From the same Latin roots as celestial, Cerulean refers to sky blue. It’s a long and unexpected possibility, but this is the age of Sebastian and Julian and Caspian. At four syllables, it’s no longer than Alexander – though it’s far more surprising.
Originally the name for a type of gray metal, Cobalt is now associated with a bright shade of blue. That’s because it can also be used to color glass blue. While it’s used only in tiny numbers for boys, this is the age of Colton, Cole, Colin, and Colt. Is Cobalt all that different?
Lincoln is big. So is Penelope. Could Copper – as in copper pennies – be a colorful name inspired by the coin? It fits with favorites like Harper and Parker. And while Copper isn’t as valuable a metal as platinum or gold, it shines. Copper also conveys warmth and a certain quality of home and hearth. Think of big copper pots or planters.
A nature name borrowed from reefs, coral comes in a range of colors. But Coral signals a specific shade, the pinky-orange commonly associated with the marine invertebrates. Because it’s close to Carol, it might sound a bit baby boomer. Then again, we’re wild for Cora and Coraline, which makes Coral quite current.
Scarlett ranks in the girls’ Top 100, but Crimson is used for boys and girls alike. Maybe it’s because we love the color red, but Crimson is associated with several universities and their athletic teams, it might be a nod to the parents’ alma mater, as much as a color name.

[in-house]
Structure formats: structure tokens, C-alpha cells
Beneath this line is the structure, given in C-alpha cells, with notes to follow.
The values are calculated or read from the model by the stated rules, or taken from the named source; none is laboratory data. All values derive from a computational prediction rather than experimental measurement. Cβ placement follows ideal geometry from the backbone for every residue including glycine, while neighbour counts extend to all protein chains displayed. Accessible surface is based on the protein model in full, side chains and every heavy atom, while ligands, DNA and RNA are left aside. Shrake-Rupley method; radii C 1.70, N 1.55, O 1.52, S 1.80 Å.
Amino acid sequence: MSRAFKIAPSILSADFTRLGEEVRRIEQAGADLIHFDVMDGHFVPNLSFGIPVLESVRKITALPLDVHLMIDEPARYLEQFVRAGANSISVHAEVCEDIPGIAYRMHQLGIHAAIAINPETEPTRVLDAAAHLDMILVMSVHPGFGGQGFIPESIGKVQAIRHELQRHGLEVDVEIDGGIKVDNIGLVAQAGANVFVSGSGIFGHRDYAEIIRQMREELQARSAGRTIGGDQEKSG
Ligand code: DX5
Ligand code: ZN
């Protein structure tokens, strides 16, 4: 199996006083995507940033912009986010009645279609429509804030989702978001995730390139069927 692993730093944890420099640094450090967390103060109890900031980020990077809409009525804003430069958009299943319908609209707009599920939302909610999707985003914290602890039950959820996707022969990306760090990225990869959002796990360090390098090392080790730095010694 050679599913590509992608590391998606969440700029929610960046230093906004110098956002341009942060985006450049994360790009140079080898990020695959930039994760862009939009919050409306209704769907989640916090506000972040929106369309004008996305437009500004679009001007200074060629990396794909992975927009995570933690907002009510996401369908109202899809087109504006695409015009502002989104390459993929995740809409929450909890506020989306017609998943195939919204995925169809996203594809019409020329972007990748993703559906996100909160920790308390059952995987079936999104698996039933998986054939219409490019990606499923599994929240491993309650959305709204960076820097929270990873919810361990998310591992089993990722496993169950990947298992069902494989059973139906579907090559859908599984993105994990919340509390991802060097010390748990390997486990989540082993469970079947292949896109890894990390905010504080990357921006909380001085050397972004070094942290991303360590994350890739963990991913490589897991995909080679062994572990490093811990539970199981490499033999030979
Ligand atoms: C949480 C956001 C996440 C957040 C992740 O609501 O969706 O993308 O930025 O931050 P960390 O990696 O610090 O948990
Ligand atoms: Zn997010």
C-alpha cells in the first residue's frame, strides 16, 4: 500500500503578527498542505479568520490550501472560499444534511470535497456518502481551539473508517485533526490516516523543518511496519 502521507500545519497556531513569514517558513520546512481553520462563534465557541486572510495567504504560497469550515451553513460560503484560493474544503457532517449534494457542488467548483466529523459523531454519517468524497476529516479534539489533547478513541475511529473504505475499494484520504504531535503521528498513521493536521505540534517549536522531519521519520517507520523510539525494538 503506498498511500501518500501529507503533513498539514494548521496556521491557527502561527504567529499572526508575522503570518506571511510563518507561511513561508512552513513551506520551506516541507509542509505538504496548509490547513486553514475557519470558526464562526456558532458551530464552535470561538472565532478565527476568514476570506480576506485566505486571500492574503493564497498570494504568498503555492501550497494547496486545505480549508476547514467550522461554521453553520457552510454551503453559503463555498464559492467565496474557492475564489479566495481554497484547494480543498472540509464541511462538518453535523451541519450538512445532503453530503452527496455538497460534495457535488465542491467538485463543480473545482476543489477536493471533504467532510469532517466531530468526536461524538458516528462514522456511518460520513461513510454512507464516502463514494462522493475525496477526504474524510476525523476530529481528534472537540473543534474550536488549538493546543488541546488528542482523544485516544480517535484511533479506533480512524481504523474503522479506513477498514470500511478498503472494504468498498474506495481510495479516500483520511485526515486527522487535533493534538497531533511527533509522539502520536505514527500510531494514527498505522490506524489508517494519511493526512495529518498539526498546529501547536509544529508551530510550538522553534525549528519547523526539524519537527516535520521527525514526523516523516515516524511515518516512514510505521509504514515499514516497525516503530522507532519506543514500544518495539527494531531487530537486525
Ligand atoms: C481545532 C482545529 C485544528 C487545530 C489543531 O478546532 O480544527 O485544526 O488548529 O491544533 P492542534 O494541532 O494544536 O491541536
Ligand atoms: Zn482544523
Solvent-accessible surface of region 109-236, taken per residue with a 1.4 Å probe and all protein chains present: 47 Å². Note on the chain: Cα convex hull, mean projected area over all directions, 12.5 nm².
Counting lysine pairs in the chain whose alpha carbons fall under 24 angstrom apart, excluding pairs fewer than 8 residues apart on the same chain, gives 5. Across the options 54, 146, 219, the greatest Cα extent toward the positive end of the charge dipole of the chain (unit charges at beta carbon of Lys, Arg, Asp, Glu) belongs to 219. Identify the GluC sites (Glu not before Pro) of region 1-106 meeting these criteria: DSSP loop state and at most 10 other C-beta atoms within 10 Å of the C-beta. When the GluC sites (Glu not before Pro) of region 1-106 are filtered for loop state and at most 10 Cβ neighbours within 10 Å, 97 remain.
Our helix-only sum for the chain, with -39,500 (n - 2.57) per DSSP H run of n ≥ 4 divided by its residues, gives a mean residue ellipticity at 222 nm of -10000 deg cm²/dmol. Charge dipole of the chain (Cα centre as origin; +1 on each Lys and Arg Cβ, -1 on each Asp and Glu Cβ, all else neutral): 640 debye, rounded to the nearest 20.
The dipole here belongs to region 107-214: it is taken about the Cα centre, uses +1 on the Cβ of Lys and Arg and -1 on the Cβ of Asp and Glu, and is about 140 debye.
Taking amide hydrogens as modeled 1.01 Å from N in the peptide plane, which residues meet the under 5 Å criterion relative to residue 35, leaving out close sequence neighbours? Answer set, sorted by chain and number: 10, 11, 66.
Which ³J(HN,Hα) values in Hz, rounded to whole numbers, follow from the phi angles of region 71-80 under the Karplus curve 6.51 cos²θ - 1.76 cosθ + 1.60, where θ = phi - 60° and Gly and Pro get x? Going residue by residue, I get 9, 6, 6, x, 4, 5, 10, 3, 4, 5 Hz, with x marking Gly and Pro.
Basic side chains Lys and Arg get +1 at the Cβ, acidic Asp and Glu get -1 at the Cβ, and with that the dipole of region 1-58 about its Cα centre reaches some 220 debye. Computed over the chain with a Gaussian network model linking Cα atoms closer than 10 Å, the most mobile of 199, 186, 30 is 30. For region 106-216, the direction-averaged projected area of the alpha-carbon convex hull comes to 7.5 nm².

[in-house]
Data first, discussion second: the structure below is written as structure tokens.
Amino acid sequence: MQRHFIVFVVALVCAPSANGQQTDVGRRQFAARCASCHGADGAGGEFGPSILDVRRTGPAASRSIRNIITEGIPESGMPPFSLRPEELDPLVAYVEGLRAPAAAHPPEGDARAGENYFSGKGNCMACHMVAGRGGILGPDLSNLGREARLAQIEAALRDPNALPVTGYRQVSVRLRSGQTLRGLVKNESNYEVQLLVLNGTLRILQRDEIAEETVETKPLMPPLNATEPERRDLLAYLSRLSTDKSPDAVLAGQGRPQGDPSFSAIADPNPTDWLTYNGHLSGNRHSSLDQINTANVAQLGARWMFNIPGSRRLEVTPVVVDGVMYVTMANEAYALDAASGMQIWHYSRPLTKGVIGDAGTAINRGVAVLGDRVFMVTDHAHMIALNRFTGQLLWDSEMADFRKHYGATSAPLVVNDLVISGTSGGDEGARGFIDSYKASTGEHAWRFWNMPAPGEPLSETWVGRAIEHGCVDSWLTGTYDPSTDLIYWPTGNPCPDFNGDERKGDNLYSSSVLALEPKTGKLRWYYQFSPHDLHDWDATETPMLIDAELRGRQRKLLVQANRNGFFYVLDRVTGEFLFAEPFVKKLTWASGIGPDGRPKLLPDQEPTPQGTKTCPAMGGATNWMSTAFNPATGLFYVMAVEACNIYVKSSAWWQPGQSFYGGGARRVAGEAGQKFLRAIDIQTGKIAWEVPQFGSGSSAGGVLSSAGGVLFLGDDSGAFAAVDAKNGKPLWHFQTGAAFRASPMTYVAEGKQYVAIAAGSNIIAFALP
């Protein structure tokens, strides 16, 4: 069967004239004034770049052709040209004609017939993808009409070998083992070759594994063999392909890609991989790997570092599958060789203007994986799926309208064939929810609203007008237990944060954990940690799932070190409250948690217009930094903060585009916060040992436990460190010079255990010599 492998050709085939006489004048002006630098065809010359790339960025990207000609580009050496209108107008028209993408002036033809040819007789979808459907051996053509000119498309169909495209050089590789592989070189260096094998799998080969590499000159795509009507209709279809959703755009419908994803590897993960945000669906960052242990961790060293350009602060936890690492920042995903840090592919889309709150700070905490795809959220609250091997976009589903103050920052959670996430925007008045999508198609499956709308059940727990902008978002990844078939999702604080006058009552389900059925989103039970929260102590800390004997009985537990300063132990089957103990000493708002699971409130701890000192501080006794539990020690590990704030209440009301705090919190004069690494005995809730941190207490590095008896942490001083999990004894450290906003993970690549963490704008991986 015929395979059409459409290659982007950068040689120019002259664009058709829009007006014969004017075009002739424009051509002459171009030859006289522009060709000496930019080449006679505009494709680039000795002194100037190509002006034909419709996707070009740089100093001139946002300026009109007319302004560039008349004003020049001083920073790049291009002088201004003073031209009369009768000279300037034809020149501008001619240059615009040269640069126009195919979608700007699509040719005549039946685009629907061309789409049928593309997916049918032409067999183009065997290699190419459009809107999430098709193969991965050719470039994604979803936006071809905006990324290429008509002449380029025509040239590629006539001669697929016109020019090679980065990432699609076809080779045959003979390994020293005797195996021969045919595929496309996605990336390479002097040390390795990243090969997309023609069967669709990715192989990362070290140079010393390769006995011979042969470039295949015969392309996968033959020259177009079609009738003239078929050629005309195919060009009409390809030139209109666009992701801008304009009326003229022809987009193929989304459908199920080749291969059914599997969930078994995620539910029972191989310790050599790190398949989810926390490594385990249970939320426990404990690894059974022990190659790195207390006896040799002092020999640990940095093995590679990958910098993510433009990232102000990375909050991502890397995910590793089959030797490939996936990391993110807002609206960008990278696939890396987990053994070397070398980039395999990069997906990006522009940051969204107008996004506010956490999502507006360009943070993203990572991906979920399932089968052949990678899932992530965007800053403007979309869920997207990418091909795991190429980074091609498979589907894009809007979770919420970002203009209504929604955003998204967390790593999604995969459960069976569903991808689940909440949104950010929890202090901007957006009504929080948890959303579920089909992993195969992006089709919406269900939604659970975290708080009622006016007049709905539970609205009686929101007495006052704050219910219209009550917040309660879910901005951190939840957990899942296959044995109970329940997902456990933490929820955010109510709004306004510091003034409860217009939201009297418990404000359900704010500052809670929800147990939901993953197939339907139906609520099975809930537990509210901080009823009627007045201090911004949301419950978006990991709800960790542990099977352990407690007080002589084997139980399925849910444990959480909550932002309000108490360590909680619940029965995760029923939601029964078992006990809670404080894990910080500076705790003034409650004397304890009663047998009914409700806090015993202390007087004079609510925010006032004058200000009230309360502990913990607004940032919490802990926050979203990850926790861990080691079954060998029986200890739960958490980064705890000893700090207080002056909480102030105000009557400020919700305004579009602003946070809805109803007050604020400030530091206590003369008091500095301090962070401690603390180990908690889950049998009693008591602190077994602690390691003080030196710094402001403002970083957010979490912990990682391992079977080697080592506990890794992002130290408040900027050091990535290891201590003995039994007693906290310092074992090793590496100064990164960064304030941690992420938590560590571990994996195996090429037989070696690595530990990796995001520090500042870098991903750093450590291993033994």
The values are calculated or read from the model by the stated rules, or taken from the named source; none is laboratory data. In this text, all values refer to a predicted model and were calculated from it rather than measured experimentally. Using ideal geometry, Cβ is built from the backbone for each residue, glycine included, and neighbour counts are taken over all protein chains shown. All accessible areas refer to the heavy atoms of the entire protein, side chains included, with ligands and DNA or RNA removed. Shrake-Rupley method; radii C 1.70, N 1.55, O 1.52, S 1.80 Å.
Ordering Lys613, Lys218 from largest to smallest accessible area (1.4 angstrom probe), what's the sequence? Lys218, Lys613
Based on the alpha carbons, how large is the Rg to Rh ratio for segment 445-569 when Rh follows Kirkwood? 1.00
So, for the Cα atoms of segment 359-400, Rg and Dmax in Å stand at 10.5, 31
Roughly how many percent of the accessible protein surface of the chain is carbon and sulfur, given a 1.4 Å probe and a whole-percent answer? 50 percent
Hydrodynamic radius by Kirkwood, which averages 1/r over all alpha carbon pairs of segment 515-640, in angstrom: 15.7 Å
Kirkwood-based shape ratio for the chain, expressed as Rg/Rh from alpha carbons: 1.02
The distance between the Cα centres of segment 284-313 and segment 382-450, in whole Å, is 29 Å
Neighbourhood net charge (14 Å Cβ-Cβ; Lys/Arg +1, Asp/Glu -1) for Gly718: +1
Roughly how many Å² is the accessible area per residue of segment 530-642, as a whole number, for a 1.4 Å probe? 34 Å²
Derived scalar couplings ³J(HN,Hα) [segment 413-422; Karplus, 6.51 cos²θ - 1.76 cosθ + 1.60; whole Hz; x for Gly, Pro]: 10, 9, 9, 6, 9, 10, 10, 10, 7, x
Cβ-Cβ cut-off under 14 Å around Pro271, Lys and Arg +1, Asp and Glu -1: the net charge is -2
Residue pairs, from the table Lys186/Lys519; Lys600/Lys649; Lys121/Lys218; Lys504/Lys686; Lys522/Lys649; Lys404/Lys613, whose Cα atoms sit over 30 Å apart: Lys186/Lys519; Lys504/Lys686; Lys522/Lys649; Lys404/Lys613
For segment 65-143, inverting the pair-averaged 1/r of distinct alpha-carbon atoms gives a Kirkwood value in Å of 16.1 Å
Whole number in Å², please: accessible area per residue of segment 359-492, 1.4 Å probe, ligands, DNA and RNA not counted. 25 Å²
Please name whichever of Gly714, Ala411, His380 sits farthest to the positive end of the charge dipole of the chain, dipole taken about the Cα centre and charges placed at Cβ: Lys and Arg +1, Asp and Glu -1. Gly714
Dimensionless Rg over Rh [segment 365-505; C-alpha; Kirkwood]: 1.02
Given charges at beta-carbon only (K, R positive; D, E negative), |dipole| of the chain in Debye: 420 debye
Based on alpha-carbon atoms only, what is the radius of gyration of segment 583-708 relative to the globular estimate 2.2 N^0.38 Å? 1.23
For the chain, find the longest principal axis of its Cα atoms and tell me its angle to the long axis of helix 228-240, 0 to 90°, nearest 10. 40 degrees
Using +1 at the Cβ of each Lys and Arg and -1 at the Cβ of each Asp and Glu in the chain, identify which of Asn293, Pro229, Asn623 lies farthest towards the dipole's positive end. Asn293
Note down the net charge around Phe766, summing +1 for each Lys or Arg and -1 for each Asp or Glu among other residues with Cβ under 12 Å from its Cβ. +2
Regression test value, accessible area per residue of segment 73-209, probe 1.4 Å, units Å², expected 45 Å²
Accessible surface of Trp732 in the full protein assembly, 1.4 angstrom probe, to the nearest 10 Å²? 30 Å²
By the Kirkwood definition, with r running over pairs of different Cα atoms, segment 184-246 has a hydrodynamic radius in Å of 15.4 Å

This greenish-blue hue sounds like Ryan with an S. Except there’s also Cian, an Irish name with a hard C and a long ‘ee’ sound, more like Ian, and typically spelled Kian in the US. So spelling and pronunciation seem like potential hassles, but it’s an intriguing sound and likely easier to handle than, say, Cerulean.
If Levi ranks in the Top 100, why not Denim? As much a fabric as a color name, it feels rugged and familiar. Over 100 boys received the name annually in recent years. Singer Toni Braxton named her son Denim way back in 2001.
At first glance, it’s a bird name, more like Wren or Lark. Except dove gray is a specific and familiar color. That’s just enough to put it on this list, too. Doves symbolize peace, and the color is soft and gentle – but with a kind of enduring strength, too.
A big hit in the 1970s and 80s, Ebony is solidly in mom name territory now. Instead, it’s Ivory appearing in the US Top 1000. That said, Ebony is undeniably a color name, borrowed from the black hardwood grown in India, Indonesia, and Africa.
Fawn counts as an animal-inspired baby name, but it’s also an appealing shade of light yellowish-tan. The name was most popular in the 1960s and 70s, the heyday of sound-alike name Dawn. But Fawn’s not unthinkable in our age of Bear and Leo and Wren.
A nature name, Fern picks up some literary sheen thanks to Charlotte’s Web. (She’s the little girl who initially saves Wilbur until Charlotte steps in.) But it’s also a pretty shade of green, matching the plant.
Cartoon Network’s Steven Universe gave us a Garnet, along with Amethyst and Pearl. The show’s Garnet is female, but as a name, this gemstone is used in small numbers for boys and girls alike. As a color, Garnet refers to the color red. But it’s worth noting that garnets can come in multiple colors.
Ginger Rogers danced into American film history, winning an Oscar in 1940. Her birth name was Virginia. Today it’s Spice Girl Geri Halliwell – Ginger Spice – who first comes to mind. Halliwell has red hair, and Ginger refers to an earthy orange color. That puts Ginger squarely on the list of rare girl names. Reality star Jinger Duggar Vuolo – yup, with a J – might be the more famous bearer of the name at the moment, but it remains far rarer than the original spelling.